There are now two businesses on Tahoe's South Shore that have earned a B Corp Certification.
At the end of April, Environmental Incentives joined South Lake Tahoe-based Eagle Protect, Truckee-based Bigtruck and Incline Village-based Brand Geek on the list of Certified B Corporations that call Tahoe-Truckee home.
Environmental Incentives launched in 2006, focused on improving how public funds were spent to address the decline in the clarity of Lake Tahoe.
"We are essentially an environmental consulting firm," said the company's communications and marketing specialist Renae Golden. "We work primarily with government agencies and nonprofits — a lot we do is helping them to develop conservation programs. We focus on ways to use performance as a method to direct persons to effective actions."
The company works with local organizations including Tahoe Regional Planning Agency, Lahontan Regional Water Quality Control Board and Nevada Division of Environmental Protection.
"We got our start working in Lake Tahoe with a focus on improving lake clarity, helping design programs that manage that improvement," Golden noted, adding that Environmental Incentives employees do not actually perform restoration work out in the field.
Now 12 years into business, Environmental Incentives has grown: It has offices in both Washington, D.C., and Denver, Colorado, which focus on international development and habitat/wildlife conservation. It also began the process of becoming a Certified B Corp approximately one year ago, according to Golden.
B Corporations — for-profit companies that meet rigorous standards of social and environmental performance, accountability and transparency — represent a movement in the entrepreneurial realm that is focused on redefining success and benefiting all by using business as a force for good. In order to become a Certified B Corp, businesses must obtain at least 80 points in an evaluation conducted by B Lab, the nonprofit behind the movement.
For the team at Environmental Incentives, becoming a Certified B Corp represented its current performance, as well as a "roadmap to creating even better impacts in the future," according to the company's website.
The road to becoming a B Corp is rigorous one — after its initial evaluation and receiving less than 80 points, Environmental Incentives was given recommendations on how to improve its score. Thus began the journey to certification.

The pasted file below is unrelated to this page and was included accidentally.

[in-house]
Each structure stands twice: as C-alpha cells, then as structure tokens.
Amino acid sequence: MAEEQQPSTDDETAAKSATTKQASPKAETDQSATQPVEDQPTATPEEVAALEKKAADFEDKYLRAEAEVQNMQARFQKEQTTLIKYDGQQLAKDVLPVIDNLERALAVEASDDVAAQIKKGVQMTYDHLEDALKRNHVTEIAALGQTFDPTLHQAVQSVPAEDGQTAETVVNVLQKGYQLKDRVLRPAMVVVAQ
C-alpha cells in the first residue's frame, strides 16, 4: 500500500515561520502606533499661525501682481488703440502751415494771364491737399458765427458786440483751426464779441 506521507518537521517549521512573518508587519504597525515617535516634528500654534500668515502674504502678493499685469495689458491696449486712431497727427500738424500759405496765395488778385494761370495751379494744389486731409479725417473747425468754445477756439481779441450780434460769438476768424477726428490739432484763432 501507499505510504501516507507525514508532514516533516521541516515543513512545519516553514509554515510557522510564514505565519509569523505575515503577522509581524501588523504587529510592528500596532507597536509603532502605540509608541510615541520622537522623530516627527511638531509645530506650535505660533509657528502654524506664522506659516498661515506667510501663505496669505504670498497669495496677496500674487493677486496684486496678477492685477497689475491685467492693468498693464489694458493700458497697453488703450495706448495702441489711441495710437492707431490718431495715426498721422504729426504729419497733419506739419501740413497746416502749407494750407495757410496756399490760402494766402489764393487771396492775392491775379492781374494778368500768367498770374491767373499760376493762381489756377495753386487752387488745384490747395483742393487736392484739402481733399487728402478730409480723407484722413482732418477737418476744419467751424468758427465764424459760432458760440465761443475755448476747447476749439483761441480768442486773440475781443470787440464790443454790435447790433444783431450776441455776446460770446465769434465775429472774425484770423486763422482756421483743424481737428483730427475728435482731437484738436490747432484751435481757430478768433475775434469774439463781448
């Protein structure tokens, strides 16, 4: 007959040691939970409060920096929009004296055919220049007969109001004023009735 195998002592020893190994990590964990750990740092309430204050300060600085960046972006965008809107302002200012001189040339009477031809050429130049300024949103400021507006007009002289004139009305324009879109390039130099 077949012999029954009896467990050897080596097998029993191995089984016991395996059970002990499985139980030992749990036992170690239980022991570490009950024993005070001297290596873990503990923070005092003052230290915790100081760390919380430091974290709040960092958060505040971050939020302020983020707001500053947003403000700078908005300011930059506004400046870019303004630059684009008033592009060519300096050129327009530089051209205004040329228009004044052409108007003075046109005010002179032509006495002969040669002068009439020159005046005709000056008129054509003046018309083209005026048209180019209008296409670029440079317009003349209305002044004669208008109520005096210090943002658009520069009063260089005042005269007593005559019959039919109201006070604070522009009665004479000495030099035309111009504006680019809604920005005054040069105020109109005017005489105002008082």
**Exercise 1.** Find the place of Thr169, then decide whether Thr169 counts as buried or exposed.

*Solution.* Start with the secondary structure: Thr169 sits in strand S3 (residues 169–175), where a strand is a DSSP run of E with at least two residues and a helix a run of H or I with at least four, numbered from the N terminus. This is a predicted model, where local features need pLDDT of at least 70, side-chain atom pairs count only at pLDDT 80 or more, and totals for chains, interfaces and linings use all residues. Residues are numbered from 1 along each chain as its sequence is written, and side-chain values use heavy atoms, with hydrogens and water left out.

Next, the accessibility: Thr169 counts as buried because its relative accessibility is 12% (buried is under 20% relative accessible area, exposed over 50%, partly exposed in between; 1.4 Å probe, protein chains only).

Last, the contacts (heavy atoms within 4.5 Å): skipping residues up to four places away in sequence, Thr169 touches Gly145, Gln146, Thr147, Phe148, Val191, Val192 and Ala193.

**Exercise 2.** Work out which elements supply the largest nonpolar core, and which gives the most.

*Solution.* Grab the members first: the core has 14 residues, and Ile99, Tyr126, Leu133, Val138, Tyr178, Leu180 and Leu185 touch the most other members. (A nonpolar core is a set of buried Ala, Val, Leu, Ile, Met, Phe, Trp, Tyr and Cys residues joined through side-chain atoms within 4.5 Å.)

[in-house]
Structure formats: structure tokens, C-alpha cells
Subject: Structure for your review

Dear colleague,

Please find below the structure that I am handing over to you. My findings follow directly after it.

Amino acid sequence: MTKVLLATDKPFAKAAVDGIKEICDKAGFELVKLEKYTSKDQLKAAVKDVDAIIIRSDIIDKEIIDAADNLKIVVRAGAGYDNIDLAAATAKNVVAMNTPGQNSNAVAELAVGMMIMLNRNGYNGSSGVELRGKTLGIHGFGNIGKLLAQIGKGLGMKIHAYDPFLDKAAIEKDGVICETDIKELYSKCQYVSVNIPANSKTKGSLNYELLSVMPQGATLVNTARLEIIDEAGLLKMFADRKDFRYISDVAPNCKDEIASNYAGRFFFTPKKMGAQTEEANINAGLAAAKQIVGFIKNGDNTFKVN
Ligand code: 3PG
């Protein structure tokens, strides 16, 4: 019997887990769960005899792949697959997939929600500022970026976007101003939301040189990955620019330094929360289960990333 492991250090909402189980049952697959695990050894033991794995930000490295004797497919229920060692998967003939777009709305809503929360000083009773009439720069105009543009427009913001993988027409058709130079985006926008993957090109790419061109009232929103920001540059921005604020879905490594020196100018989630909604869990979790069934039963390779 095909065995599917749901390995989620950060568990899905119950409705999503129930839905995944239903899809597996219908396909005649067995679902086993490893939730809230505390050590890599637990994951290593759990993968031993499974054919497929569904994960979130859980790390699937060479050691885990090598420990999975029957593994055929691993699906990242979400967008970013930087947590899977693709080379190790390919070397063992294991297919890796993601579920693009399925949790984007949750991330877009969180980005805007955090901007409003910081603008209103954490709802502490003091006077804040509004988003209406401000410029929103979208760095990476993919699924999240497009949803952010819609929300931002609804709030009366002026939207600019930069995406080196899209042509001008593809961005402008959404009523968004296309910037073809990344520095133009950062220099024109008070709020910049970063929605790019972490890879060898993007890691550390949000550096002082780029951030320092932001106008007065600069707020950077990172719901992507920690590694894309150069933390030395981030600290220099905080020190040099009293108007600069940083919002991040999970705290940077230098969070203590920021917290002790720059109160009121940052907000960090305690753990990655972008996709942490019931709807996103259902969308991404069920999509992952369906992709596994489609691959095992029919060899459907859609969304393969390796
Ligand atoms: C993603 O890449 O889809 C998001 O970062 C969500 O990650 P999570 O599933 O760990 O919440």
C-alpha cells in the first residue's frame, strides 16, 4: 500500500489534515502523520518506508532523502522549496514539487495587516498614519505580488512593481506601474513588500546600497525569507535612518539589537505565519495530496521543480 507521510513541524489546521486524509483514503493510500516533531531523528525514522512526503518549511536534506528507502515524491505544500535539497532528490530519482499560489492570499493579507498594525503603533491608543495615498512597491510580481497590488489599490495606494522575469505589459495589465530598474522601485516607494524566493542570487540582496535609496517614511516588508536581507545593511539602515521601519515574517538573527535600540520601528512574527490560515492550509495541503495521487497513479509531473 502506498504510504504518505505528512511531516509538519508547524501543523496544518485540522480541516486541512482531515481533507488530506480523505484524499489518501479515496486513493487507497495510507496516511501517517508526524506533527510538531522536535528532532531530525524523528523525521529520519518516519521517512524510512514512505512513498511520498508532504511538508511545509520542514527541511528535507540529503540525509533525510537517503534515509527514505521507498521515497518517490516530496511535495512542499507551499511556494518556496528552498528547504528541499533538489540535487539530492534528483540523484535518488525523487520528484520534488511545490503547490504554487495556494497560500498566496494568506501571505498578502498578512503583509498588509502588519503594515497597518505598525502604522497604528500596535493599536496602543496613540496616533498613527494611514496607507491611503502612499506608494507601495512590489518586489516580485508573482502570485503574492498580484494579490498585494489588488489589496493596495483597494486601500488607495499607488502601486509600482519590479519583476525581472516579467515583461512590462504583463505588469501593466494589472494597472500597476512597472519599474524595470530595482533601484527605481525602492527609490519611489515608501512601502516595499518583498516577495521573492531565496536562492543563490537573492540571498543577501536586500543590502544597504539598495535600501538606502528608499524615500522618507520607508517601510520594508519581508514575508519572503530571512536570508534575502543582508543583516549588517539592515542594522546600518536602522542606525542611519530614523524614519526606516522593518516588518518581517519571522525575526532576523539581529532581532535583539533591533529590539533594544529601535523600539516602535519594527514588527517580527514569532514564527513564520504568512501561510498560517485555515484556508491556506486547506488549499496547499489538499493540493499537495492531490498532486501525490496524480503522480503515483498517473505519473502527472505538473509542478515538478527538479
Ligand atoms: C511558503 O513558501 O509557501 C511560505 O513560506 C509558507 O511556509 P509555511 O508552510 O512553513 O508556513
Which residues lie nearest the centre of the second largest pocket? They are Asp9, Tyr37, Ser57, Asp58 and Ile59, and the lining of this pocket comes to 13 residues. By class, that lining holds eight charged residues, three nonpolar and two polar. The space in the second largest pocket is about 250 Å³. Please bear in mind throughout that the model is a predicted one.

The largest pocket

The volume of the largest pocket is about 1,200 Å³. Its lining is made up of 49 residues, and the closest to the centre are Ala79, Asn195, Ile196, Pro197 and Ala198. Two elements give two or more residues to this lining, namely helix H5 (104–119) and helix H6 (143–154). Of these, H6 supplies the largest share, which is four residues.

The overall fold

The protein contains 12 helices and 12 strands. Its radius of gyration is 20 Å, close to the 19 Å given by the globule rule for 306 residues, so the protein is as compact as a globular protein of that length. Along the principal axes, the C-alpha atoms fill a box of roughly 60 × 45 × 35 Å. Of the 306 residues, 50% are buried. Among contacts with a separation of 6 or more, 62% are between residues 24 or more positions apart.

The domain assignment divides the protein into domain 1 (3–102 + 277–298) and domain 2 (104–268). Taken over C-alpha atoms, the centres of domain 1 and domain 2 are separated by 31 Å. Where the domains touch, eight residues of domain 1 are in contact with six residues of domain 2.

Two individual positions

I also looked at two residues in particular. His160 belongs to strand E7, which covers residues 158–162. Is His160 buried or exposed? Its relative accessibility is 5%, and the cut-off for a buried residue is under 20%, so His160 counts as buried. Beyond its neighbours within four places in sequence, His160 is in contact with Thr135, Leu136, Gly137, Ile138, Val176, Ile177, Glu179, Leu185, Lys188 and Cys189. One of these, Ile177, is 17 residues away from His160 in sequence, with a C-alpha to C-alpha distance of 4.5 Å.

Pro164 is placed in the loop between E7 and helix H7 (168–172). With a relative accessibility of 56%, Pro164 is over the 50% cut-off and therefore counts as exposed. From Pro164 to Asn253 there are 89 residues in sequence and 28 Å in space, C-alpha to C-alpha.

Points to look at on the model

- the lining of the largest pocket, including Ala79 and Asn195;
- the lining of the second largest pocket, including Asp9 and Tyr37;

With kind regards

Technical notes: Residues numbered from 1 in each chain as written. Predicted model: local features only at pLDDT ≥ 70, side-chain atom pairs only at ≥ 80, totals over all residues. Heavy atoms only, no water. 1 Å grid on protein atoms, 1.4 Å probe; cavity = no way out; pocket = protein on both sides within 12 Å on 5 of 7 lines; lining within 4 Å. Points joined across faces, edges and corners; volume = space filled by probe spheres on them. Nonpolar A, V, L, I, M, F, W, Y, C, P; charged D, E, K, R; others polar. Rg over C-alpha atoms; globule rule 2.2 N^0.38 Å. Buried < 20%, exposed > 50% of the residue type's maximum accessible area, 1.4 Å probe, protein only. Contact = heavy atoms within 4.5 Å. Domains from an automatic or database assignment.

"[B Lab] helps identify new policies and practices you could adopt to increase your score, and then we went back and internally looked at different policies we could change and update," said Golden.
In order to attain the certification, Environmental Incentives implemented paid volunteer time, fringe benefits for alternative commuting and updated policies to purchase environmentally friendly office supplies from local businesses.
It was these improvements, along with the company's preexisting habits of charitable giving and providing employee benefits that assist the work-life balance, that led Environmental Incentives to earn the status of Certified B Corporation with a score of 87.
"We're really excited to be joining the B Corp movement and excited to get the word out that we're doing this. Hopefully it will inspire businesses in the area to learn more about being a B Corp and what's involved," said Golden. "It's a great way to be more involved in the community and helping business be a force for having a positive impact on the environment, employees and the community."
Clarification: This story on originally quoted Renae Golden saying: Environmental Incentives employees "help set up systems, but don't go beyond ground restoration," instead focusing on program design and policy. It has been updated to clarify that employees do not perform restoration work in the field.